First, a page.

Cybersecurity goes back on the agenda.
A few weeks ago, the White House released its International Strategy for Cyberspace . To a technical audience, it’s a pretty thin document. But that’s fair enough – it’s intended for consumption by politicians, diplomats and policy wonks, not technologists.
However, the strategy does make it pretty clear that the private sector has a big role to play here. And within industry, electronics is obviously one of the most affected areas. IP theft is already a big concern, cross-border collaboration is both necessary and widespread, and the Internet is a powerful vehicle for reaching international markets at low cost. Those are just three of a plethora of issues our business faces specifically.
So what can we offer? Not surprisingly, there’s a lot of discussion in the strategy about standards—their development, their maintenance and their distribution. Well, we’re pretty good at that. Indeed in the case of the IEEE, we have an organization that is learning about how to fast-track the standardization process. Given how quickly cybercrime techniques morph, any secure global infrastructure will need that capability.
But I’d say that we can push even harder on getting the politicians to give priority to the concept of methodology. Here’s why.
Any security standard becomes a red rag to the dark side of the hacker community as soon as it’s released (indeed, even the bright side will batter such technologies in order to not just identify but also alert the world to their flaws).
What you really want to build around that is a way of disseminating the nature of any new risks as they arise and then implementing safeguards across as much of the network as possible. If you’ve got a chip design being specified in the Valley, verified in India and manufactured in Taiwan, you want all those supply chain components to have identical, best-in-class security.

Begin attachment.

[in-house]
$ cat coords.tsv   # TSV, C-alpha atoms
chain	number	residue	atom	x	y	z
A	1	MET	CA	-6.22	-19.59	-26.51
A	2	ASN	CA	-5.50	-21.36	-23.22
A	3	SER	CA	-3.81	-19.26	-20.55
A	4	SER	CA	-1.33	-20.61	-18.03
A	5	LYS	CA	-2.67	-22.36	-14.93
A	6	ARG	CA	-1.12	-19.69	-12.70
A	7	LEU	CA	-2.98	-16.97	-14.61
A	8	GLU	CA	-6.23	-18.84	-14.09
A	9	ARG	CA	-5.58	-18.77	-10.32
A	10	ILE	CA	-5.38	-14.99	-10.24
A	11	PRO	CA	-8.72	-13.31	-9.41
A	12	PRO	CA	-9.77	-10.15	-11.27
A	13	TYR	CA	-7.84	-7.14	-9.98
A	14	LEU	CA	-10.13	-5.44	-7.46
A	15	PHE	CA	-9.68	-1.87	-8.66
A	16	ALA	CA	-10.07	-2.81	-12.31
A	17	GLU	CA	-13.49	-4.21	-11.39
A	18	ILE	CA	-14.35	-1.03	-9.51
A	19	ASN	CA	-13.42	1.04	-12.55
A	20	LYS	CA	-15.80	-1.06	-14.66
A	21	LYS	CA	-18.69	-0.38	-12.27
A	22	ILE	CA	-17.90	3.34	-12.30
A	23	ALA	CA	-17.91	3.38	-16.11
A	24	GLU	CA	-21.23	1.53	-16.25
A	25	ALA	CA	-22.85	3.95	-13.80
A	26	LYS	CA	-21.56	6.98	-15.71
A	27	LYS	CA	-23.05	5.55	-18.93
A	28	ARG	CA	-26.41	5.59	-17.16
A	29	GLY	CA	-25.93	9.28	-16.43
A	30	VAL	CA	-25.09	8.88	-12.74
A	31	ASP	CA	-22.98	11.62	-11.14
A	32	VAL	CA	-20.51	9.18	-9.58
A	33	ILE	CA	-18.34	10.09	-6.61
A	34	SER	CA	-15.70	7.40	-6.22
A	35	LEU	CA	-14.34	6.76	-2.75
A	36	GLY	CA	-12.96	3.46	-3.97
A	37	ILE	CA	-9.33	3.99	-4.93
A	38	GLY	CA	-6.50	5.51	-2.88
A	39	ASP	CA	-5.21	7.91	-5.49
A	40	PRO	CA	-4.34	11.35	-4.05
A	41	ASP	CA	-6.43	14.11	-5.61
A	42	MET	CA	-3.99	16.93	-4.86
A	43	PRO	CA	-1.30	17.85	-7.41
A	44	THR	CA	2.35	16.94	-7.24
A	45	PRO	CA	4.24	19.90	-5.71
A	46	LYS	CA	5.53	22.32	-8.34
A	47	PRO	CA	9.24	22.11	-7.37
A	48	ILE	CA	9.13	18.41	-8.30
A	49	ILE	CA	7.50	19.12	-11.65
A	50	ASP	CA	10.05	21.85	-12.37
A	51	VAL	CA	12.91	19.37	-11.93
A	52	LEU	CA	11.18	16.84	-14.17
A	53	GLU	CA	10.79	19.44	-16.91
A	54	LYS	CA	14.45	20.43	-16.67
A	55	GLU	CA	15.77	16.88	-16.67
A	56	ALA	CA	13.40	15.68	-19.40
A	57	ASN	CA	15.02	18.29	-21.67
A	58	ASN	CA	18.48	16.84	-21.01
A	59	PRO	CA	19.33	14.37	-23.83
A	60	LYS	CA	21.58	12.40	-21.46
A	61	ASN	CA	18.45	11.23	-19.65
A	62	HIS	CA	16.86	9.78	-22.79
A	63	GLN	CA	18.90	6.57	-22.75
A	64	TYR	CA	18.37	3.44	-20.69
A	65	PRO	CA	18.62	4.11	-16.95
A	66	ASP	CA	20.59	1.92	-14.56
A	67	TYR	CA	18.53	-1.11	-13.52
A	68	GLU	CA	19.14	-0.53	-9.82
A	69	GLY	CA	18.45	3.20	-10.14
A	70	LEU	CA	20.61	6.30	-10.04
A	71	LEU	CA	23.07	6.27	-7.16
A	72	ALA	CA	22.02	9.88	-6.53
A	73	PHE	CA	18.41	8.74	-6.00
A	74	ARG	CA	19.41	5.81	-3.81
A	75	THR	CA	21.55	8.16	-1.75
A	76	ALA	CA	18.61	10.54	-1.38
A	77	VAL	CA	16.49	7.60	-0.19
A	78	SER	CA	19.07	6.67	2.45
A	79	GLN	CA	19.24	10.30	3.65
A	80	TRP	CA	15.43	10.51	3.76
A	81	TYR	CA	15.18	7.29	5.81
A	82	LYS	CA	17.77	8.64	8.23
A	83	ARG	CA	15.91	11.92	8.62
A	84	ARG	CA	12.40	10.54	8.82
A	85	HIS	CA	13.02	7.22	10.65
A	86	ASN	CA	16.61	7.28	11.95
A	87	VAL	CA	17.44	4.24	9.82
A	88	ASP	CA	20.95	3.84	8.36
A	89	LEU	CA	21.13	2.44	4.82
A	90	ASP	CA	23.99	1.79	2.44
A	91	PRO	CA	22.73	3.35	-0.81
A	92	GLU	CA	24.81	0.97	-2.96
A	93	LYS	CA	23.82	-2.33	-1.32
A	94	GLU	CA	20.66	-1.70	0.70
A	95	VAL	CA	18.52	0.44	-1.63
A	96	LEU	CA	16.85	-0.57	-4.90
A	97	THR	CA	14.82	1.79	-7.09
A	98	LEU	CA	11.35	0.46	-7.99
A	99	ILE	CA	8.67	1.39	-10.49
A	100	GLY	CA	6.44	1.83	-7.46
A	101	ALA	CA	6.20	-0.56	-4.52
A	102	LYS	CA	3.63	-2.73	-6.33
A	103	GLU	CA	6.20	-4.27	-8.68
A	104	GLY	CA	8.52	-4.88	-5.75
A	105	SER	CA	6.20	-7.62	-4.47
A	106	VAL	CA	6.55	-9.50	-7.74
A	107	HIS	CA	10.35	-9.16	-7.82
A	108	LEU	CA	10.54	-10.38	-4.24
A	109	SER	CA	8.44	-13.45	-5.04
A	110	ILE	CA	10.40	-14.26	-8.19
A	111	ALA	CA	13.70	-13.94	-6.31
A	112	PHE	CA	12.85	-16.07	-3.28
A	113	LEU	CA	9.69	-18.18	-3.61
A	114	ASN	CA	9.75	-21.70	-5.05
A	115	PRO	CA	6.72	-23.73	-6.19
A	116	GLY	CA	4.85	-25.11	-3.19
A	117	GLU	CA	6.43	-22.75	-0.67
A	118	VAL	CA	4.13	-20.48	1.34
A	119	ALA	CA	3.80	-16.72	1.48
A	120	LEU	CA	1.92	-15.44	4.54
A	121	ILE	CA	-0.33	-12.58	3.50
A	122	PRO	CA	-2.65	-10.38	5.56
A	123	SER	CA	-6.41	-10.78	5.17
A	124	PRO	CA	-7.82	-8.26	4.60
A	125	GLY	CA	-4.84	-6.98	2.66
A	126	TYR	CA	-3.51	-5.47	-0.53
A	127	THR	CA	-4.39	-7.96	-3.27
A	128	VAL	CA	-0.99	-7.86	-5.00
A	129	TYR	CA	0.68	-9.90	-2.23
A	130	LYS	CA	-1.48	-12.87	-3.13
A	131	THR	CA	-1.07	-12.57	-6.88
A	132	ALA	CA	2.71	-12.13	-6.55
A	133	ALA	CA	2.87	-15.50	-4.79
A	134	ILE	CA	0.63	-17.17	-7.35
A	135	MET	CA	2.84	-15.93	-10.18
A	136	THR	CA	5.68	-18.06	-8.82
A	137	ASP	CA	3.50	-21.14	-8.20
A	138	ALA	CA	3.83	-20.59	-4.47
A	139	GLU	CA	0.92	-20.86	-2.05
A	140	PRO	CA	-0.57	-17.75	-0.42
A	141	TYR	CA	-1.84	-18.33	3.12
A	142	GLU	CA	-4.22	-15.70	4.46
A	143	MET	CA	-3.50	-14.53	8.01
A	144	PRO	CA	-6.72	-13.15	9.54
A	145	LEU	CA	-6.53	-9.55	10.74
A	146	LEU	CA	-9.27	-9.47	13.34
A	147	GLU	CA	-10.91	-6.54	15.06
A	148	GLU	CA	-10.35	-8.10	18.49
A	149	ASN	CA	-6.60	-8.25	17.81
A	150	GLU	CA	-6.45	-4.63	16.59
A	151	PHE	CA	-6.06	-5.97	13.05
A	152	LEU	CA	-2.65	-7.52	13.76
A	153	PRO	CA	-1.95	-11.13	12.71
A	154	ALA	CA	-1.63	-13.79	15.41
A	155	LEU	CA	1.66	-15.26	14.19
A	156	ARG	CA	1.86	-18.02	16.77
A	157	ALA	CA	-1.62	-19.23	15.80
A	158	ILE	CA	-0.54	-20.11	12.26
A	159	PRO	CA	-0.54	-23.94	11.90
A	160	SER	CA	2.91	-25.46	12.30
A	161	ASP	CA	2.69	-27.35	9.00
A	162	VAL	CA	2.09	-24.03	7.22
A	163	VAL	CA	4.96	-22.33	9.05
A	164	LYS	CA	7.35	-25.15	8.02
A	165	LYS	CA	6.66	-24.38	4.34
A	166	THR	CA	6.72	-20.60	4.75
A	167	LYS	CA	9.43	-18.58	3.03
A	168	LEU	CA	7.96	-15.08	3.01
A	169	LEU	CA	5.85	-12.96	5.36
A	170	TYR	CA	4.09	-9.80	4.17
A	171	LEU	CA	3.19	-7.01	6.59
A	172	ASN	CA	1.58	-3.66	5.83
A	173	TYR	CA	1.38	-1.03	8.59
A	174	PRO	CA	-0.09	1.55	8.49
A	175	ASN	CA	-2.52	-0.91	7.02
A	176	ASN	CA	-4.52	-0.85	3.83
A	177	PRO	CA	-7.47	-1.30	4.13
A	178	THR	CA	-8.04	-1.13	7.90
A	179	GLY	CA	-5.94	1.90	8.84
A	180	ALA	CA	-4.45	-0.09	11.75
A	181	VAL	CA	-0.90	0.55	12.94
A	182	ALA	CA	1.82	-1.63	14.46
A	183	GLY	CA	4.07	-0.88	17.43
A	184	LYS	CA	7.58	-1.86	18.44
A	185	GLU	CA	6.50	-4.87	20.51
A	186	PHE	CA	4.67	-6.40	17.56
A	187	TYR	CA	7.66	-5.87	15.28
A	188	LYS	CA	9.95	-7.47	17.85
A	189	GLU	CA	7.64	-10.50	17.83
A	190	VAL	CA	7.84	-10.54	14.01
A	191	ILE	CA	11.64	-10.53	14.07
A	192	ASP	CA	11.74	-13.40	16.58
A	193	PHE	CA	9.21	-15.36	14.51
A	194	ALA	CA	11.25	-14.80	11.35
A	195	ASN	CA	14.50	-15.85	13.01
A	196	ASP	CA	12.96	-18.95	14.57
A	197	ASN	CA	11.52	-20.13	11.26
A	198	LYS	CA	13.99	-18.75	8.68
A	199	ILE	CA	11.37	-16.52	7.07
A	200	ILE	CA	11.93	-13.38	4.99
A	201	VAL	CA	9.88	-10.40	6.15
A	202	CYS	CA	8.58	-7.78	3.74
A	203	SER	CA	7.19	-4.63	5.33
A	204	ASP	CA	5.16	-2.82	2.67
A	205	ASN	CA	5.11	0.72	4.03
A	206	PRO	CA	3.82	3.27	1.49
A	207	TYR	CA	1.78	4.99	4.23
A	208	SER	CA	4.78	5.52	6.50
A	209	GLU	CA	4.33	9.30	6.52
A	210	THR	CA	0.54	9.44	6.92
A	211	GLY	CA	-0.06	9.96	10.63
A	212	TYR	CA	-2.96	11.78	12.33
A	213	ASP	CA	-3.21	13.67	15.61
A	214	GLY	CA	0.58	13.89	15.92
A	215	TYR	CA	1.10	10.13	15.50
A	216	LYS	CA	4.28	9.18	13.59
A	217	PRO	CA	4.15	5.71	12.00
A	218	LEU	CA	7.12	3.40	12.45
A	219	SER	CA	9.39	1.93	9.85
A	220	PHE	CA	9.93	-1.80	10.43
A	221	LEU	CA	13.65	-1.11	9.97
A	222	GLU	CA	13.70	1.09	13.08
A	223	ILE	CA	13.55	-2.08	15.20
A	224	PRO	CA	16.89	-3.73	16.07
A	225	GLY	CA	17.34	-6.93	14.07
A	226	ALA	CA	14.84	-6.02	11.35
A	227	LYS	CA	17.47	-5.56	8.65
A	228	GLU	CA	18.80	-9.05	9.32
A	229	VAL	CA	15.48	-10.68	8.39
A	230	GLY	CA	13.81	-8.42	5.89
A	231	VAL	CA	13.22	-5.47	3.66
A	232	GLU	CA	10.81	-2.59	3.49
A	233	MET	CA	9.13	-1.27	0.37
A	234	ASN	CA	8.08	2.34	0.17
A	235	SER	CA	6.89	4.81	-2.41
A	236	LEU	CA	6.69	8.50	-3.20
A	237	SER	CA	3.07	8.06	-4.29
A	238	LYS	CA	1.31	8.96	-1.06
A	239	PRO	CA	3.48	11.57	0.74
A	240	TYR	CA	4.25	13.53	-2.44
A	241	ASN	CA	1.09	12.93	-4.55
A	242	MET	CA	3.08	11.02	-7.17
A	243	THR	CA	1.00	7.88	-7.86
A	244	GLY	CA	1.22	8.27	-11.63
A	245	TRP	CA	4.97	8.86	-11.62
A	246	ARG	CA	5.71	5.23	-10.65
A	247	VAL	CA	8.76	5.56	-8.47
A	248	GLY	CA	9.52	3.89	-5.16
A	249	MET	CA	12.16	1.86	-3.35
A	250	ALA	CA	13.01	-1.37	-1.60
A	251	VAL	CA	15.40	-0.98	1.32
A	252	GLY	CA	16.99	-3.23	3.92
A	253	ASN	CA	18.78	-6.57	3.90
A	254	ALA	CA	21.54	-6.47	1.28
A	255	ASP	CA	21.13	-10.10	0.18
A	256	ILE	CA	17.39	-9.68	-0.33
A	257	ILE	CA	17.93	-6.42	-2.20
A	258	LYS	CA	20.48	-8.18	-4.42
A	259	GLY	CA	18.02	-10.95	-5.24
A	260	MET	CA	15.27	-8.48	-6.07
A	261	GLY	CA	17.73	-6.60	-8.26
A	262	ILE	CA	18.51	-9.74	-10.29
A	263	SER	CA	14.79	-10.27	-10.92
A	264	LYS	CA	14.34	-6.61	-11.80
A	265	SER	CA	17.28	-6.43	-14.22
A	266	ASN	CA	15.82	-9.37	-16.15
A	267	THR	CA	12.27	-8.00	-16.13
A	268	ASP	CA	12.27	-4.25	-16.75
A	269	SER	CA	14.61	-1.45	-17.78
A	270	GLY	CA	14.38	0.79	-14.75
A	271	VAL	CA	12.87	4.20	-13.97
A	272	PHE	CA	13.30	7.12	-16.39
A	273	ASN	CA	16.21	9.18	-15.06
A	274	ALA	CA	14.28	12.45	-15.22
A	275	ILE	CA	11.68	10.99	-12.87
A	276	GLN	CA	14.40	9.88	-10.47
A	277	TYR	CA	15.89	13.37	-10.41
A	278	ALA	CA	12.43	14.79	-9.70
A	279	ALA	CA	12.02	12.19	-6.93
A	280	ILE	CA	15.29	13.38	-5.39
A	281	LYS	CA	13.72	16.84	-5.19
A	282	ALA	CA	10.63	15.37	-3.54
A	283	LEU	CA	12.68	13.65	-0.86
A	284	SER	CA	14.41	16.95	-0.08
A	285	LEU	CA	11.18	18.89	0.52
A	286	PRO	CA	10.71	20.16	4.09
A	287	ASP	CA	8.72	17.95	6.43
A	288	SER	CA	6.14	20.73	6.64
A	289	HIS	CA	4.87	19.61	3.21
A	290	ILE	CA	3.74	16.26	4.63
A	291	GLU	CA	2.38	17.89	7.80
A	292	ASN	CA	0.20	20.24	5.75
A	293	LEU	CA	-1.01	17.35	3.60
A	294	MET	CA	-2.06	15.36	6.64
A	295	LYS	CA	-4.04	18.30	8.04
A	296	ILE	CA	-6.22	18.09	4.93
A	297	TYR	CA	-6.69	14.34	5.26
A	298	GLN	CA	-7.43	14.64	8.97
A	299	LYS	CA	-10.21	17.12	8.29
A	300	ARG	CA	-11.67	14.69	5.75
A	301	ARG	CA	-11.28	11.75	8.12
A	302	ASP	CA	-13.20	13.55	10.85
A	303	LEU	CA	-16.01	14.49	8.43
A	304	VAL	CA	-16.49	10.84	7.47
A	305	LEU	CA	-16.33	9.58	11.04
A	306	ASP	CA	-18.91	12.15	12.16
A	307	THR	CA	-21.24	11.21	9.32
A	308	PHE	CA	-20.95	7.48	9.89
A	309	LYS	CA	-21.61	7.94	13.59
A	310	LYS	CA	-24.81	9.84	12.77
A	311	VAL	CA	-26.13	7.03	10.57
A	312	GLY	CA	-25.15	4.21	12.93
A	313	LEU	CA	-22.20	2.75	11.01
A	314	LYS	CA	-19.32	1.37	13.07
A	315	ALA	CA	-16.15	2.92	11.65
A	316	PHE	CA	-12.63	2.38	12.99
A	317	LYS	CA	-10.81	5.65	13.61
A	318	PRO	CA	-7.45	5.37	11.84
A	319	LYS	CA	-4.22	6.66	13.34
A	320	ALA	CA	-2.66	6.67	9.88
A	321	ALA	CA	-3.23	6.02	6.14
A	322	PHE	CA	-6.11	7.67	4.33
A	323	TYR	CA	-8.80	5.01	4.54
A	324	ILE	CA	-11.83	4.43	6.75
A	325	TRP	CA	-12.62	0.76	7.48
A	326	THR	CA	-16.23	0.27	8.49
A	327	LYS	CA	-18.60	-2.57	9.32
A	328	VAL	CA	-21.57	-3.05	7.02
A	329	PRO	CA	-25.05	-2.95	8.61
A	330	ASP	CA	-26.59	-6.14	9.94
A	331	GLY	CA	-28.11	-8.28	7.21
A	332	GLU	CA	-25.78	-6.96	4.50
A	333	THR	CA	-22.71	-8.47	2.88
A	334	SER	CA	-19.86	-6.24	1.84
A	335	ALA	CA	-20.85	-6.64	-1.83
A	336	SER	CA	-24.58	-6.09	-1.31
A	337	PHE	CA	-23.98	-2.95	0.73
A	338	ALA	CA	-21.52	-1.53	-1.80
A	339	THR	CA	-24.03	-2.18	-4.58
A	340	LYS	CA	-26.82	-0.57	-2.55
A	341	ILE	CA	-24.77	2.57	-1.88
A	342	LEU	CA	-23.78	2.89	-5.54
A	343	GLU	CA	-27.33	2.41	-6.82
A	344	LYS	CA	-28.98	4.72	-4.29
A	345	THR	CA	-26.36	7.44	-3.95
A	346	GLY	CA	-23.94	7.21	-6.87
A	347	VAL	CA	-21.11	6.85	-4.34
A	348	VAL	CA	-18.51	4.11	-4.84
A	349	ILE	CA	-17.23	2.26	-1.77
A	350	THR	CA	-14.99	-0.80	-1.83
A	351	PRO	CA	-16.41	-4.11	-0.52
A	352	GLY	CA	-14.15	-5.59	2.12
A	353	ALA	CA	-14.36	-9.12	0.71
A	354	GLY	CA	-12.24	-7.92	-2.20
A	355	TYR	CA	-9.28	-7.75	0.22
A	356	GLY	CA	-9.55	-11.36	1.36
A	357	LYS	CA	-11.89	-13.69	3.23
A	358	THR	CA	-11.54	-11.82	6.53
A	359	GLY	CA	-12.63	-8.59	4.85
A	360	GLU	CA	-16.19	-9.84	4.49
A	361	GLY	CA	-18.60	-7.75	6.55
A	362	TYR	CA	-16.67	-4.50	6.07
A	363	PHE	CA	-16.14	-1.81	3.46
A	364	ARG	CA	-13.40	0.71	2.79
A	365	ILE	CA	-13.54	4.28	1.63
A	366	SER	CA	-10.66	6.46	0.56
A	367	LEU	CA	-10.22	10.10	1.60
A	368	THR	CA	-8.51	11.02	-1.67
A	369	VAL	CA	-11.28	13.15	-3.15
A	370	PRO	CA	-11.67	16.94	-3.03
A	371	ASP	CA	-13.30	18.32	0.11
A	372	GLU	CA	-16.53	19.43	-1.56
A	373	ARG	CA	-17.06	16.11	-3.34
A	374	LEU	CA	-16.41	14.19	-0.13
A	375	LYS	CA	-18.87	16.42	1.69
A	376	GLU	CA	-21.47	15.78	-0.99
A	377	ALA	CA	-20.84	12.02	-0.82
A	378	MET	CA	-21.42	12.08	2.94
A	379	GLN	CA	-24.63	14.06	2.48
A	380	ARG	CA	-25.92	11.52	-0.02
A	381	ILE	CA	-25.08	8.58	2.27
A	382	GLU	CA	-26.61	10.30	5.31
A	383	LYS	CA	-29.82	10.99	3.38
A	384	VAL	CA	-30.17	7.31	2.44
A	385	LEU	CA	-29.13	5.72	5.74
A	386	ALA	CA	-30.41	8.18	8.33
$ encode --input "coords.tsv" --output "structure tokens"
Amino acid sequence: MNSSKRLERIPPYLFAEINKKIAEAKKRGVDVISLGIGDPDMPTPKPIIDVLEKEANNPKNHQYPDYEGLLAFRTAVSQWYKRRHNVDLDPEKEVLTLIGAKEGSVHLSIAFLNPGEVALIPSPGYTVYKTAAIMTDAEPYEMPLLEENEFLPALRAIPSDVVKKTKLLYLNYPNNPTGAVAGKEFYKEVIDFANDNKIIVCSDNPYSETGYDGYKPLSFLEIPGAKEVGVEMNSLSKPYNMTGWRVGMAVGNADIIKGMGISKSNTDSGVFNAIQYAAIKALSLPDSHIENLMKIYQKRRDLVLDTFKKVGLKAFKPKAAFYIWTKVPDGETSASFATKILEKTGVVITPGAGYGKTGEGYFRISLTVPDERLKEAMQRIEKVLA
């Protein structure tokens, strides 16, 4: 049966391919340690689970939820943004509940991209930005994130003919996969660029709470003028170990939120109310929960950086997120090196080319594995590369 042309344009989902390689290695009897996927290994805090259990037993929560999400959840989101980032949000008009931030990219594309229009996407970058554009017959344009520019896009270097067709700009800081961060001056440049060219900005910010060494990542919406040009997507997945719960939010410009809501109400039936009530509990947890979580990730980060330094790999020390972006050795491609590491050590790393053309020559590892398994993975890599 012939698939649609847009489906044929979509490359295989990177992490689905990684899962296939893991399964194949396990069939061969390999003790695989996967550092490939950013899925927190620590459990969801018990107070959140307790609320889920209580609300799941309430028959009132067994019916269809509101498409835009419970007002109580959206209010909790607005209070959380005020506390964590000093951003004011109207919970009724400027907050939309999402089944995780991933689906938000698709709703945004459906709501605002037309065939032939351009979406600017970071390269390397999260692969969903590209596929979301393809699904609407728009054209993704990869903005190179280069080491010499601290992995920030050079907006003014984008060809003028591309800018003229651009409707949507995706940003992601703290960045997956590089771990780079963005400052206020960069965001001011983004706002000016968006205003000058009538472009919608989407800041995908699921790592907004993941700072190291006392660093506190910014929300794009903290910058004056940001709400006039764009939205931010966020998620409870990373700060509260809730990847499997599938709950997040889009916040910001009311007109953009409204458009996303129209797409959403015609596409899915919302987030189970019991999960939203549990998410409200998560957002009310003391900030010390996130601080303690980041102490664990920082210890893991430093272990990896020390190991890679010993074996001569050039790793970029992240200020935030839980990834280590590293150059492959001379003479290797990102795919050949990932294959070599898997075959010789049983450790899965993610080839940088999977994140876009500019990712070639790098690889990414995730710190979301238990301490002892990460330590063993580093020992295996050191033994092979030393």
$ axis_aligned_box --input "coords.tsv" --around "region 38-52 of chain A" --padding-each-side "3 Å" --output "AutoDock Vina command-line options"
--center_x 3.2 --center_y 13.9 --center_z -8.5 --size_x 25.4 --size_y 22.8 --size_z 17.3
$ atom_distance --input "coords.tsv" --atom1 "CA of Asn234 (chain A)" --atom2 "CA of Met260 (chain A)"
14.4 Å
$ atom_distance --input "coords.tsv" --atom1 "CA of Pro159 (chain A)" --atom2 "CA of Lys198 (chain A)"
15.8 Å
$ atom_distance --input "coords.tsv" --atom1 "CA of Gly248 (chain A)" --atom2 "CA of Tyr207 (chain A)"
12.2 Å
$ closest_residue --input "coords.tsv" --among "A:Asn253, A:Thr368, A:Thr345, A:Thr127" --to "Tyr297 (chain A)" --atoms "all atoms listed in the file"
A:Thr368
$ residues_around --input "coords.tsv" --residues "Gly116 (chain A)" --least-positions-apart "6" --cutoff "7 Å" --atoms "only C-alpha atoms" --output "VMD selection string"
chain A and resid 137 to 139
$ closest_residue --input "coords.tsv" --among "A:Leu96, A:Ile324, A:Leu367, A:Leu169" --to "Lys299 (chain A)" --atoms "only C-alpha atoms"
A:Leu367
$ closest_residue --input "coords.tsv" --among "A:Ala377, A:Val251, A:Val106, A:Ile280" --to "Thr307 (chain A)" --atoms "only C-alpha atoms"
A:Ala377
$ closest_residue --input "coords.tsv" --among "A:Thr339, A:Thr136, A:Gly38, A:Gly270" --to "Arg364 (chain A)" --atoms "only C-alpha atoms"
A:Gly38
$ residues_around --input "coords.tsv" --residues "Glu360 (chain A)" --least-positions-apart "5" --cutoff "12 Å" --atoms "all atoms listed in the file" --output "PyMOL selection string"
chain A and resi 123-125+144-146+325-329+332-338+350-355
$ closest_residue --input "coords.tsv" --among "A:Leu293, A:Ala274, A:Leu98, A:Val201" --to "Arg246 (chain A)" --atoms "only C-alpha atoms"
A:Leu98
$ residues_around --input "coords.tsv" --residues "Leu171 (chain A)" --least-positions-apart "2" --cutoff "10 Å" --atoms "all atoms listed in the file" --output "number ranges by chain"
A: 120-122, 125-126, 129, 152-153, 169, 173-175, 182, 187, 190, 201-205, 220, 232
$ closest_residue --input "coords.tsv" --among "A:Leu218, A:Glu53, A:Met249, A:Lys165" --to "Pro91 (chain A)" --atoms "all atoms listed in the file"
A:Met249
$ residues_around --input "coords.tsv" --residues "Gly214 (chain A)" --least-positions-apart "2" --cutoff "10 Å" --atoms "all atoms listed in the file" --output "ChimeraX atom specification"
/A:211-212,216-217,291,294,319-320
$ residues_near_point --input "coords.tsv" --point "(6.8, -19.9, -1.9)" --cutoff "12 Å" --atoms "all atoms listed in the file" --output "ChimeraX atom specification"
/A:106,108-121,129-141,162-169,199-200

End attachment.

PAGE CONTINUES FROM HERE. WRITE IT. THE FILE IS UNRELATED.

Now, given the millions invested in today’s system projects, I’m fairly sure in guessing that plenty of you reading this already have a methodology in place to ensure that (or a best practice or an IT manager who scares even the CEO—call it what you will). The question we need to consider, then, is whether there are core ideas within these strategies that can be shared, both within the business itself and more widely? Though, of course, you can’t lift the lid on exactly how your security systems work (or those shared with partners).
Standardizing the methodology for response is something that is easier to lock down over time even if the technology within the tools that implement has to remain closed. Funnily enough, that also sounds a lot like how EDA and hardware/software design work.
There’s another reason why I think it’s worth pushing this angle ahead of technology standards. One thing worried me about the national cyber strategy that the White House proposed for legislation before releasing its international policy. There is, inherent within it, an idea of a minimum benchmark for cybersecurity standards, one that could even be enforce upon companies running sensitive sites or conducting sensitive work (and similar in some respects to what the military already demands).
I can see how some apparently good reasoning might have brought the Department of Homeland Security to that position but the fundamental flaw with it is that once a company meets that minimum, it could think it’s safe. As we know, because of those morphing cyberthreats, that is far from the case. Instead, practices are needed that encourage continual vigilance and fluid reactions.
The best solution, probably, is for industry to create the standards and practices, particularly hi-tech companies. It is not just that the private sector always better understands the technology—be serious, here, I’m not about to diss the NSA—but that it has a better idea of what is at stake in the commercial (as opposed to national security) context. And, as noted, many companies will have started on this work already.
Certainly, some high profile semiconductor industry, international initiative on cybersecurity for internal use might not be a bad idea. Just planting seeds.
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